How to repair bladder injury at the time of cesarean delivery

Running suture at the bladder dome may be problematic

As usual, I enjoyed Dr. Barbieri’s editorial. I have a nit to pick, however.

In surgical step 2, Dr. Barbieri recommends the use of running sutures and two-layer closure. When Dr. Alan Perlmutter was the urologic consultant at the old Free Hospital in Boston, a number of “successful” bladder repairs were performed by the ObGyn staff, leaving the patients with symptomatic scarring in the bladder dome secondary to the bunching and puckering that running suture produces in that anatomic site.

Dr. Perlmutter’s teaching point: The repaired bladder dome must be as flexible and expansive as it was before the cystotomy. To this end, he recommended a single, full-thickness layer of neat, interrupted 3-0 plain suture to oppose the edges of the incision. I have used this technique ever since without any complications.

Robert L. Shirley, MD
Winchester, Mass

Methylene blue may be better than sterile milk to assess the bladder

I enjoyed Dr. Barbieri’s editorial, but I would recommend that the surgeon forget the sterile milk and use, instead, 100 cc of normal saline with 10 cc of methylene blue, filling the bladder retrograde to ensure that there are no other leaks. I leave a catheter in place for 2 weeks and give prophylactic antibiotics.

Vincent Culotta, MD
New Orleans, La

More tips for repair of bladder injury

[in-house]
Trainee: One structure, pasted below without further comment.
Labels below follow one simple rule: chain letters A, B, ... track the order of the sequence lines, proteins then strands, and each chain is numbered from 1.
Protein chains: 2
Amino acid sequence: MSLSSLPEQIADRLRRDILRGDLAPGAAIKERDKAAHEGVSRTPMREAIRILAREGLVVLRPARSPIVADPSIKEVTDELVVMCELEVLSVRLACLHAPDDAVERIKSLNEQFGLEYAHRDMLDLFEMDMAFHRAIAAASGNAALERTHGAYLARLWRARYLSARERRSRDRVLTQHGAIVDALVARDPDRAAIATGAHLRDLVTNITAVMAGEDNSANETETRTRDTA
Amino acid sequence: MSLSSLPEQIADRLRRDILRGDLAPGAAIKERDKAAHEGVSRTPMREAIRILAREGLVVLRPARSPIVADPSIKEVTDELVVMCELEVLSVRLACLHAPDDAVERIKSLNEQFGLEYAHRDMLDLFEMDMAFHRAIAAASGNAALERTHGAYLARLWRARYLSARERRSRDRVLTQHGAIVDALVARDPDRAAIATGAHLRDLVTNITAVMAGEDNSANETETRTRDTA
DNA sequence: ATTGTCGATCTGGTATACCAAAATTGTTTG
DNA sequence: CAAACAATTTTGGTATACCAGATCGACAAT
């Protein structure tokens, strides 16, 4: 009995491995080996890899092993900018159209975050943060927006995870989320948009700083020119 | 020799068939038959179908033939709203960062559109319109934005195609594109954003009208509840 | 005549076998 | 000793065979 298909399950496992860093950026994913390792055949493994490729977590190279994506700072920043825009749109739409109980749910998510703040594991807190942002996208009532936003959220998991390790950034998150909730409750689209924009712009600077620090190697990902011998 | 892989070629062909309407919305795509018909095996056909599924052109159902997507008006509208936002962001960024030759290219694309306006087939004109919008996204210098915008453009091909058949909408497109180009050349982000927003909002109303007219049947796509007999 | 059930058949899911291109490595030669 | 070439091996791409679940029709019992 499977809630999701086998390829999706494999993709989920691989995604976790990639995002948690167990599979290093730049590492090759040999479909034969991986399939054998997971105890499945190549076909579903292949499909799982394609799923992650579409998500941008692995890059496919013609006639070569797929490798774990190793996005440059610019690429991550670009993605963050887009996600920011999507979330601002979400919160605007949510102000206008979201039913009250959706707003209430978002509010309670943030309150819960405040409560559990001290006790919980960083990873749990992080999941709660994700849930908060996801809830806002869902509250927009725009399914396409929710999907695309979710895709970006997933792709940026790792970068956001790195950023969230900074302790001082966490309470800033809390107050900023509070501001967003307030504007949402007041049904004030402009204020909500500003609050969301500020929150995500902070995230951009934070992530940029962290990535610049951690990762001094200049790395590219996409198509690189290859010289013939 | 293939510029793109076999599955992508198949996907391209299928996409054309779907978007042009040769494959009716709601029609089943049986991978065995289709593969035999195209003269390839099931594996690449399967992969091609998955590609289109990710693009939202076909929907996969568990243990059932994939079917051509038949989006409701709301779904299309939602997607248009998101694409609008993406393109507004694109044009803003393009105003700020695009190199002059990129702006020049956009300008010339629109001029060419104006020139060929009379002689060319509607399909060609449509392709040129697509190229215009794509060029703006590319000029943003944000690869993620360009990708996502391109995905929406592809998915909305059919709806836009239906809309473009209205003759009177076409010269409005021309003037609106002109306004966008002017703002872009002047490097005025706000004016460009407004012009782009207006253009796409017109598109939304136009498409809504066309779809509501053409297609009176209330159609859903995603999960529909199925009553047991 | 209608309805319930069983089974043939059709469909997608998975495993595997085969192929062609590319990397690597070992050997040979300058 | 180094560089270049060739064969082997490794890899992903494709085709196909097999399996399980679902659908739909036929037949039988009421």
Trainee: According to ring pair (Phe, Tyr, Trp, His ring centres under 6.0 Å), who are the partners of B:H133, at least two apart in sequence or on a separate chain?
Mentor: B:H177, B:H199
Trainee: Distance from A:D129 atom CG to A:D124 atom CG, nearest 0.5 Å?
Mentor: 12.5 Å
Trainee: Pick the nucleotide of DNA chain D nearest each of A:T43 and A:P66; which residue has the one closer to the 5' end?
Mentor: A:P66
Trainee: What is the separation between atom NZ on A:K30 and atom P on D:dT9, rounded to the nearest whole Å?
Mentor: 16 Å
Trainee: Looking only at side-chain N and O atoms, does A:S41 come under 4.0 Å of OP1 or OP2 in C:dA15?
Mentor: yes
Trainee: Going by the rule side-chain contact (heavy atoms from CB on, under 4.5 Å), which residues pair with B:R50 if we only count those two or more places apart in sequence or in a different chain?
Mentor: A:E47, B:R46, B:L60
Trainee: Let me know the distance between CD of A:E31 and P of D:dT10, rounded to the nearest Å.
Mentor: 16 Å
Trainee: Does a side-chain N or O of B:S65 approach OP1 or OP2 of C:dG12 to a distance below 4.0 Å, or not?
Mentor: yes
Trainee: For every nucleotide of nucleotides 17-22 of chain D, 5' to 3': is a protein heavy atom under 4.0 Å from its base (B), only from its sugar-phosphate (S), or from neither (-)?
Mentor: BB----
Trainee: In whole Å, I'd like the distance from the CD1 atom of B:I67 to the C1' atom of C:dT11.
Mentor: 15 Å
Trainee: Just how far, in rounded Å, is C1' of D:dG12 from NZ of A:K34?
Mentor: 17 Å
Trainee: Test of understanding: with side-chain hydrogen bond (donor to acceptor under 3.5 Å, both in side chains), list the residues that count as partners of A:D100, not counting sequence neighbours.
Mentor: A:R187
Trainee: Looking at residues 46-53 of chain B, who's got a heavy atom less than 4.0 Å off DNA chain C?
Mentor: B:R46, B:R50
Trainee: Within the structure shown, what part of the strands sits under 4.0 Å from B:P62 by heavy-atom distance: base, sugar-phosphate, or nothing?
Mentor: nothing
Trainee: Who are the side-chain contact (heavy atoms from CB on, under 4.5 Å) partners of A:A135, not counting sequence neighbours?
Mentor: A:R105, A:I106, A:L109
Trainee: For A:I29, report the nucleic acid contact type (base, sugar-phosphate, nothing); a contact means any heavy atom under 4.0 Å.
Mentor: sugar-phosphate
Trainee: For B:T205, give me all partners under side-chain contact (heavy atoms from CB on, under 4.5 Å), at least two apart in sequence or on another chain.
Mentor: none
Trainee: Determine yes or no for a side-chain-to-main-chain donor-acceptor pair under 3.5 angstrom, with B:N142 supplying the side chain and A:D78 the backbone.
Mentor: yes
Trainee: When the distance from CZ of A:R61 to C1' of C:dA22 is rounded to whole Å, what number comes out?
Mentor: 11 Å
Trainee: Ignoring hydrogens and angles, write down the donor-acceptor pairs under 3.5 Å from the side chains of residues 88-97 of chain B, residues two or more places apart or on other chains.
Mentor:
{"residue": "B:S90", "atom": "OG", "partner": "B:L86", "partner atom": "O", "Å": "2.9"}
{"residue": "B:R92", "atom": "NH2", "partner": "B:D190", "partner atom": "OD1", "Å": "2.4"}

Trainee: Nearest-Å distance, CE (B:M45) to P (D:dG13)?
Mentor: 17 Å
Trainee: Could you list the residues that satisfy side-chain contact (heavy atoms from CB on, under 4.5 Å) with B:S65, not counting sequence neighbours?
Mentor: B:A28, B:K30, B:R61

A 5-cm laceration at the dome of the bladder allows visualization of the ureteral openings to ensure that two-layer closure with absorbable suture can be performed safely. I also leave a Foley catheter in place for 7 days, with computed tomography or magnetic resonance imaging generally unnecessary before removal.

Robert F. Porges, MD
New York, NY

How to secure payment for bladder repair

When inadvertent injury to the bladder occurs during cesarean delivery, additional payment for the repair may be forthcoming if the repair is correctly coded and billed. The repair would be considered a multiple procedure during the operative session, and reimbursement would be at a reduced rate, based on intraoperative work only (usually 50% of the allowable for the additional code reported).

If cystorrhaphy is required, you have two codes from which to select:


Cystorrhaphy, suture of bladder wound, injury or rupture; simple (22.39 RVUs)


Cystorrhaphy, suture of bladder wound, injury or rupture; complicated (27.10 RVUs)

In most cases, the repair will involve simple suturing; therefore, CPT code 51860 will be the procedure most frequently reported. The linking diagnosis for this procedure code is 998.2, Accidental puncture or laceration during a procedure.